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Why UConn star Paige Bueckers is not eligible for the 2021 WNBA draft

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Numerous talented players are available for the 2021 WNBA Draft Class. Top prospects like Charli Collier, Awak Kuier, Arella Guirantes, Rennia Davis and Aari McDonald are expected to fall off the board at the beginning of the first round.

A name you won’t hear during the Thursday night show? Paige Bueckers.

MORE: How to See the 2021 WNBA Draft

The UConn guard averaged 20.0 points, 5.8 assists, and 4.9 rebounds per game last season, while shooting 52.4 percent from the field and 46.4 percent from 3-point range. She was the first newcomer to ever win the AP Player of the Year award and led the Huskies to the Final Four of the 2021 NCAA tournament.

Bueckers would undoubtedly be the biggest star in this year’s group of prospects, but she doesn’t qualify for the 2021 WNBA draft due to the rules set in the league’s most recent collective agreement.

Why is Paige Bueckers not eligible for the 2021 WNBA draft?

Unlike the NBA, the WNBA does not have a one-time policy. The current collective agreement provides that a player will be eligible if she is at least 22 years old in the calendar year in which the draft takes place and either has no remaining college eligibility or waives her remaining college eligibility.

The freedom guard Sabrina Ionescu, for example, could have signed up for the 2019 WNBA draft because she turned 22 that year. Instead, she decided to return to Oregon for her busy season.

A player is also eligible if she graduates from four year college or university within three months of the draft. An international player is eligible if she is at least 20 years old in the calendar year in which the draft takes place.

Bueckers is only 19 years old and was born in October 2001. So it will not be approved until 2023.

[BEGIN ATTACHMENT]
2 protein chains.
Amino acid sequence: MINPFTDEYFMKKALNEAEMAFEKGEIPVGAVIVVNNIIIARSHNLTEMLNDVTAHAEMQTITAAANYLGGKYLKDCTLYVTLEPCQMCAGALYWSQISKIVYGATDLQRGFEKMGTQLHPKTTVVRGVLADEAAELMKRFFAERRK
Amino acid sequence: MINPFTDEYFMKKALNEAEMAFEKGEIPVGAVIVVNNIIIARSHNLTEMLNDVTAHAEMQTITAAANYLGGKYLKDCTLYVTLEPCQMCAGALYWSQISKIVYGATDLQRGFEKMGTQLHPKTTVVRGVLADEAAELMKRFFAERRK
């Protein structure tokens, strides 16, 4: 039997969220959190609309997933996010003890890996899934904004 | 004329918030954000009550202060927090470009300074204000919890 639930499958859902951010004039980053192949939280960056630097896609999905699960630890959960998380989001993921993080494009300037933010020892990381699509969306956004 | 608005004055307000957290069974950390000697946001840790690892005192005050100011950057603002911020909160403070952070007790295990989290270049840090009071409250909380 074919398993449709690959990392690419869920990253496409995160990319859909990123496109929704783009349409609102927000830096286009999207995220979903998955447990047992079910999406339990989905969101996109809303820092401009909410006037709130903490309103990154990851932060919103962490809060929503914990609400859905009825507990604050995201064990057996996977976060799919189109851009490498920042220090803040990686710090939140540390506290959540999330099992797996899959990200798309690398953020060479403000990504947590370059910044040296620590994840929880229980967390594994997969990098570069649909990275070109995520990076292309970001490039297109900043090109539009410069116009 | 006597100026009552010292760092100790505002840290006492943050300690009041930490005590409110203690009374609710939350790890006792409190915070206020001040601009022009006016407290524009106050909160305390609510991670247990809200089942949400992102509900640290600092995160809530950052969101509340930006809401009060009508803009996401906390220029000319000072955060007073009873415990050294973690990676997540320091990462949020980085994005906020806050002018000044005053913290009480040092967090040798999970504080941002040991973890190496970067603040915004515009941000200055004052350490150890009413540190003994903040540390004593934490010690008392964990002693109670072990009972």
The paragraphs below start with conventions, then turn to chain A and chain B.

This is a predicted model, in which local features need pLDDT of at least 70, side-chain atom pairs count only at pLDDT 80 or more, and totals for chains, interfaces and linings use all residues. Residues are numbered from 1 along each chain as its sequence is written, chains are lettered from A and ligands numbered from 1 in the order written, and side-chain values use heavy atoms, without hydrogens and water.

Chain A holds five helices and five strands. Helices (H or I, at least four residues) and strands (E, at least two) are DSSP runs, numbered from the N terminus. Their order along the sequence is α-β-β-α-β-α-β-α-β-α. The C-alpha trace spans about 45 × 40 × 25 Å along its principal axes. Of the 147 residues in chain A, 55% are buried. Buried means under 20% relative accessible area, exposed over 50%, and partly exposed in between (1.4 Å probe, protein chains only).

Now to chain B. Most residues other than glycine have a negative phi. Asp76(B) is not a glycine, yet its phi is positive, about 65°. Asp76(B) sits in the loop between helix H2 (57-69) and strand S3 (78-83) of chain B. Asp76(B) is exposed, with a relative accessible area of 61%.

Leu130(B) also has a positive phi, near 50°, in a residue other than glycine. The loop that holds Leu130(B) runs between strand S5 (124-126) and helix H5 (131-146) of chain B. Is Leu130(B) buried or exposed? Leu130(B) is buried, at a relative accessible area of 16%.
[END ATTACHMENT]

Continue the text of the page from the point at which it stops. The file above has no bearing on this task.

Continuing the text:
Will the WNBA change its draft admission rules?

The WNBA and the Women’s National Basketball Players Association reached an agreement on a collective agreement in January 2020. The new CBA, which runs through 2027, represented a significant improvement in player compensation and benefits, but WNBPA Vice President Sue Bird admitted that the draft was not an essential part of the negotiations.

“The truth is, when there is so much to address or fix in CBA conversations, sometimes you don’t get it all,” said Bird (via ESPN’s Kevin Pelton). “And unfortunately that was one thing. If someone was involved in a negotiation, they know that you have to have a list of priorities.”

However, WNBA players generally seem to be helping to give prospective customers the option to leave early if they are comfortable waiving their college eligibility. This topic is likely to be part of future discussions between the WNBA and the WNBPA.

“I think the next step is that option,” said Mercury star Diana Taurasi. “Will kids? Probably not. But you should have that option. It’s a career path that you are going to take and if you are the best at your job you should be able to keep getting better. Not to say that they won. I’m not in college, but it’s just another level when you get to the pros. “

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Melinda Martin